Multivariate statistical analysis has been centered around normal theory thus far. Most papers dealing with this topic are based either directly on the assumption of normality of underlying distributions or indirectly on asymptotic normality of statistics induced by some limiting theorem such as the central limit theorem when sample sizes are sufficiently large. In many if not all fields of application, however, the assumption of normality is not guaranteed even approximately and also the sample sizes are not so large compared with the dimension of the variates in question as to provide a good approximation by normal distributions. Thus, it is required to develop a theory applicable to general multivariate distributions and there are some papers in literature approaching this problem from the standpoint of a distance: , ,  and  among others. The purpose of this paper is to formulate statistical inference, point and interval estimation as well as testing hypotheses, in terms of a distance or a pseudo distance defined in the family of all probability distributions over a multidimensional Euclidean space. Three specific cases, one of which does not actually give a pseudo distance but which may be useful in some situations, are discussed. The paper consists of four sections; in Section 1 we treat inference with a random sample from one distribution; in Section 2 and Section 3 we treat inference with independent random samples from two and several distributions, respectively, and in the Appendix we present some mathematical results which are used in the preceding sections as tools more practical than ,  and  and which may be interesting in themselves.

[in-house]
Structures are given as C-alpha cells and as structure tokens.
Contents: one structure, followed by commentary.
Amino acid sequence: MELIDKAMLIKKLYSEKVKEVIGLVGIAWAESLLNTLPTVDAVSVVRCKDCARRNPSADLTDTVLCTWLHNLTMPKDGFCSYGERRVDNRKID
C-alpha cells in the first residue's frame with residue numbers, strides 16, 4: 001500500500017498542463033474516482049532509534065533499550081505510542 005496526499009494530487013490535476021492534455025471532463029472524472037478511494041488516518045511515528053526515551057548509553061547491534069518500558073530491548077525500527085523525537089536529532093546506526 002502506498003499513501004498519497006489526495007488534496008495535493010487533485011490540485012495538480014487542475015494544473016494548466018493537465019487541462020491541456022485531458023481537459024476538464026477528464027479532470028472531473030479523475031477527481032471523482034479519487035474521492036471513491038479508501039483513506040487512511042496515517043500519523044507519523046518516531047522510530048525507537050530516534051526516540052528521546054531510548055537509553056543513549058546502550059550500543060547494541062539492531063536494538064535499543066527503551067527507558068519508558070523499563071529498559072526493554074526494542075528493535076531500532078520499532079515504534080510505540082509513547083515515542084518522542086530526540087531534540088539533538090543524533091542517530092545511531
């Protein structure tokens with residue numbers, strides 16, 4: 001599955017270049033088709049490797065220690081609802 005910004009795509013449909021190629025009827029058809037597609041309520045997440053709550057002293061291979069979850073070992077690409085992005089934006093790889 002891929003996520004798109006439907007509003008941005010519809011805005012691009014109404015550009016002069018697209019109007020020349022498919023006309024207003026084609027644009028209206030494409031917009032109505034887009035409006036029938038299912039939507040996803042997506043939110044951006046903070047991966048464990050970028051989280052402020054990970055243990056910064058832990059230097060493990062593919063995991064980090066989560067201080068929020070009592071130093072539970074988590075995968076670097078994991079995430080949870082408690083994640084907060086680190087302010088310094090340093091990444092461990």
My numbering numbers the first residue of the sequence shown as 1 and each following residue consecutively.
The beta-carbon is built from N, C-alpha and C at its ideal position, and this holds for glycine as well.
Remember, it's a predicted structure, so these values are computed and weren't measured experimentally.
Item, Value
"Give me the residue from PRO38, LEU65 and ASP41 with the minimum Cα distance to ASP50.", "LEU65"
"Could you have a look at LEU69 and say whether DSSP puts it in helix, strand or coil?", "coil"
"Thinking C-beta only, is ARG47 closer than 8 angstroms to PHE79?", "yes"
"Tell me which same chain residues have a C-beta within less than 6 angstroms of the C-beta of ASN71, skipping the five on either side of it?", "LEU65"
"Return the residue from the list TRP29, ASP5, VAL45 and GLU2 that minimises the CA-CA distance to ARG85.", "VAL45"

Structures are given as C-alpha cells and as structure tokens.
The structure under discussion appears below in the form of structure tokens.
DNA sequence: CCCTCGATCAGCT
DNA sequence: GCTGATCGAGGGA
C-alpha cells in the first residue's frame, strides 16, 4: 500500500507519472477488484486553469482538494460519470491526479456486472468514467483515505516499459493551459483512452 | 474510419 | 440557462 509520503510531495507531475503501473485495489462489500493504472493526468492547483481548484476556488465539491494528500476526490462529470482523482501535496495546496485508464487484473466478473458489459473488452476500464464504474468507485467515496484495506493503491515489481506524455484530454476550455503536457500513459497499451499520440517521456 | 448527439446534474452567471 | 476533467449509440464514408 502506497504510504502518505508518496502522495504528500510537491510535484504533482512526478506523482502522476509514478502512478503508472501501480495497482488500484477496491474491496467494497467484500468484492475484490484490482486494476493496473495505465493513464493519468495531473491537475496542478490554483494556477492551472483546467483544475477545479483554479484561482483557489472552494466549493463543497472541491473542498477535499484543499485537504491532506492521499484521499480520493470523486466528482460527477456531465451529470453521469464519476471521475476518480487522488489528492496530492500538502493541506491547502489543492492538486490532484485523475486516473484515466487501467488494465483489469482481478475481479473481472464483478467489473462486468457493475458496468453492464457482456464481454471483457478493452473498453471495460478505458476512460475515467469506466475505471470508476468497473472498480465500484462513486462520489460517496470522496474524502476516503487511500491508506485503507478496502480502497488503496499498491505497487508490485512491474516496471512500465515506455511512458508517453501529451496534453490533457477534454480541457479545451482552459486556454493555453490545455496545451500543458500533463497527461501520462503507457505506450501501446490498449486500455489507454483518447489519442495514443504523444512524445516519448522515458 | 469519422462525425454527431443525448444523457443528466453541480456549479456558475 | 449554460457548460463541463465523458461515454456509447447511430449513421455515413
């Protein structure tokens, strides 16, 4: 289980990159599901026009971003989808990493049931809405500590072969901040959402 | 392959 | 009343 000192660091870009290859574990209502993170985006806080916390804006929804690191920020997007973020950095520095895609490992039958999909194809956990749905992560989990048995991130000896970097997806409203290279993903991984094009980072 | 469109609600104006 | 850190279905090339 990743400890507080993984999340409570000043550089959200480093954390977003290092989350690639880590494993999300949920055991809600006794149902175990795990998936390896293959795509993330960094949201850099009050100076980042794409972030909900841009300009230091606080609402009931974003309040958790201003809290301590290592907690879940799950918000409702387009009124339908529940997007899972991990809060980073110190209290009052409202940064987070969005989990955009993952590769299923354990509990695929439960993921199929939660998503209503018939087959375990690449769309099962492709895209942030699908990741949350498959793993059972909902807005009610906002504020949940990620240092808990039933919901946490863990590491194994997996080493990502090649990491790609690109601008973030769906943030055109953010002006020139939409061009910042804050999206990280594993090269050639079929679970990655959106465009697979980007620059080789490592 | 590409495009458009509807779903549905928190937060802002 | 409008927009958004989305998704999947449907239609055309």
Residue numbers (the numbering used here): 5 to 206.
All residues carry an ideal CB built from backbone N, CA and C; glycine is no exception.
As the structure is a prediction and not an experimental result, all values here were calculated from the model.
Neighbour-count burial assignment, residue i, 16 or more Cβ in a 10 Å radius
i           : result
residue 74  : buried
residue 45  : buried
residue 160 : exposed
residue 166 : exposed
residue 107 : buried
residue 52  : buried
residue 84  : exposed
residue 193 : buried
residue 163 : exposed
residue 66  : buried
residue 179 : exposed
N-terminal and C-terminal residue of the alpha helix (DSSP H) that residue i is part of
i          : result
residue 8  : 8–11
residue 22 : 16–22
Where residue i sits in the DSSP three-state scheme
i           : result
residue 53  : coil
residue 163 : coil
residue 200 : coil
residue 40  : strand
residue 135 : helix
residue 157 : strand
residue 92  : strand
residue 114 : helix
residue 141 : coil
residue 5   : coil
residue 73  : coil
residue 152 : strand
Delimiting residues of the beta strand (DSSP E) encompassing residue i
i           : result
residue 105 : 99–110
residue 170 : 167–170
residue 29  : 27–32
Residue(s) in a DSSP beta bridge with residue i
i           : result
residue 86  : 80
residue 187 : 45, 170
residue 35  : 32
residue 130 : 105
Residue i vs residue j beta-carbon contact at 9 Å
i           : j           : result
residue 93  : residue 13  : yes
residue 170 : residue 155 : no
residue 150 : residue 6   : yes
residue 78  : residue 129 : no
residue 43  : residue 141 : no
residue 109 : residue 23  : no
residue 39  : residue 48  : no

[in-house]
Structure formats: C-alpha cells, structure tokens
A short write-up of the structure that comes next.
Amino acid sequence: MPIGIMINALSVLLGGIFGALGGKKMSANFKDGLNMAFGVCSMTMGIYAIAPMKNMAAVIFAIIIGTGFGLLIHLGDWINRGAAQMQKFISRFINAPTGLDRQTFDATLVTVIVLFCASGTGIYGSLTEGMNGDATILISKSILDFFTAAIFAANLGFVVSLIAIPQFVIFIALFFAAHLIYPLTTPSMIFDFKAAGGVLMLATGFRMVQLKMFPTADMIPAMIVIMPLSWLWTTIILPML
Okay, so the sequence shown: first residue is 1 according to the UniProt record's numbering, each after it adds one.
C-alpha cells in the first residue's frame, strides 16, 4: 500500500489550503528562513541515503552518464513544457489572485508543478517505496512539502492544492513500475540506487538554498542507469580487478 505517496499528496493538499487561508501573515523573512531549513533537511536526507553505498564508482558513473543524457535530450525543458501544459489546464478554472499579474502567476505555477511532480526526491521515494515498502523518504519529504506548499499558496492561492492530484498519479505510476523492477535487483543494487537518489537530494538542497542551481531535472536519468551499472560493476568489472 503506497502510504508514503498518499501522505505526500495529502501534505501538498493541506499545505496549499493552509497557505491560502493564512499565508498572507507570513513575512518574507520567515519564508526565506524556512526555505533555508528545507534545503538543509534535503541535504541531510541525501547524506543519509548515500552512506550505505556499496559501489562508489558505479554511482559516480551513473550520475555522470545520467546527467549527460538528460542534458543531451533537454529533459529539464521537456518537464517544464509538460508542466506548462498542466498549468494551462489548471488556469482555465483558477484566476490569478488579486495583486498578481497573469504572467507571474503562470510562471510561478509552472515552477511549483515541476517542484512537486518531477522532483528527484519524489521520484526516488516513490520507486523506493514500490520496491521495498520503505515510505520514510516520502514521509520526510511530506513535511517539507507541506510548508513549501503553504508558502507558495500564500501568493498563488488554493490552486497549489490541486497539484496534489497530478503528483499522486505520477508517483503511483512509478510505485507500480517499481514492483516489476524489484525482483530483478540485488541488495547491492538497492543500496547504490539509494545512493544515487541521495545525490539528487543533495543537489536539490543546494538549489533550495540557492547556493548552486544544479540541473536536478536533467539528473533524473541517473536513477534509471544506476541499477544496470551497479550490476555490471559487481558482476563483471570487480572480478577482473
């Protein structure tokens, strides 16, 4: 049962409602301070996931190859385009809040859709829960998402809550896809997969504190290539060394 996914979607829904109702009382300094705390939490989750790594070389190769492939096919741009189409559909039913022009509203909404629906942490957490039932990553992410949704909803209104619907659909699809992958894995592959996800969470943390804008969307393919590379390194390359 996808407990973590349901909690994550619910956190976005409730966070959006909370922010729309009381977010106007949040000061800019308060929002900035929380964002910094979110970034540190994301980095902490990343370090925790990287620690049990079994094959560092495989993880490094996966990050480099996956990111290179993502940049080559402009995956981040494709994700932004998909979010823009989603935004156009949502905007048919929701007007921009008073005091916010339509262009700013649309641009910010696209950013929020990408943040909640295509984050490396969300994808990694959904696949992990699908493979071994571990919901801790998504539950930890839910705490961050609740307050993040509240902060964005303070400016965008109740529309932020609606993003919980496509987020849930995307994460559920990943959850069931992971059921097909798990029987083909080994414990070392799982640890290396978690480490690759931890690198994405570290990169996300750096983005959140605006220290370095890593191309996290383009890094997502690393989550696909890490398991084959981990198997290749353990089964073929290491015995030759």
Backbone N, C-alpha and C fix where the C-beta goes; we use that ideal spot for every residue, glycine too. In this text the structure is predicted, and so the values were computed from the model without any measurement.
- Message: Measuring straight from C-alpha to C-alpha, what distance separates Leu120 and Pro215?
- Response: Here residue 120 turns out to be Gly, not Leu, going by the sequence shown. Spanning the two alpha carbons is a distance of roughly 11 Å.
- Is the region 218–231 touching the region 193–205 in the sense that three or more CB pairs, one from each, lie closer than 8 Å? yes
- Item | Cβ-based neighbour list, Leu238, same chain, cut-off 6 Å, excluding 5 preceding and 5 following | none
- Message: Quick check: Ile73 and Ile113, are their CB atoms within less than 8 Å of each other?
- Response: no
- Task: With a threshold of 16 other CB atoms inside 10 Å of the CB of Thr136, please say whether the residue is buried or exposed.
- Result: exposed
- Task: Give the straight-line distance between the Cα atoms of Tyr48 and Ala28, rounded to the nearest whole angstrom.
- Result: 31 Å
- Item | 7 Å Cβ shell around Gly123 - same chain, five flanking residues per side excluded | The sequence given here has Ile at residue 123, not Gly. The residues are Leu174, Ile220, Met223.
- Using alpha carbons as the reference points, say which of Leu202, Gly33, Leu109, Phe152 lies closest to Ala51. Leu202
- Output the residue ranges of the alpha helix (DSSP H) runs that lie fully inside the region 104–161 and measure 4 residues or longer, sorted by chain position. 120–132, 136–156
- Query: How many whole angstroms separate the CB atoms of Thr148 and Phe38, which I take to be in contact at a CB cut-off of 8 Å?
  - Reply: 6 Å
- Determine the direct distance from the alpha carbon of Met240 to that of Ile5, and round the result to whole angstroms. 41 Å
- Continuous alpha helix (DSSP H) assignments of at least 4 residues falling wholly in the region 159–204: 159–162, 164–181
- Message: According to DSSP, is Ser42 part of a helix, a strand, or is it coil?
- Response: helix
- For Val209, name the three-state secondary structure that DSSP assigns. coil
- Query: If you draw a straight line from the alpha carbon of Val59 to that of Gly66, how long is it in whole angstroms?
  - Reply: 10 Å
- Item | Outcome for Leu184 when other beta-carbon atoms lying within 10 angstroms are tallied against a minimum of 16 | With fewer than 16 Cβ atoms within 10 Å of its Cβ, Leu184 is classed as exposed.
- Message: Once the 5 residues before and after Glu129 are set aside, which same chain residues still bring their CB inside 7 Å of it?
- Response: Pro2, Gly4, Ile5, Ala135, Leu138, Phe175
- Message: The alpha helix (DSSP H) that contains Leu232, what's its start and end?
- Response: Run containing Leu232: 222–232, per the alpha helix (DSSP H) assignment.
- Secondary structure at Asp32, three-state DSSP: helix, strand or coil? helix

"Estimation and Testing Hypotheses for One, Two, or Several Samples from General Multivariate Distributions." Ann. Math. Statist. 41 (6) 1999 - 2020, December, 1970. https://doi.org/10.1214/aoms/1177696701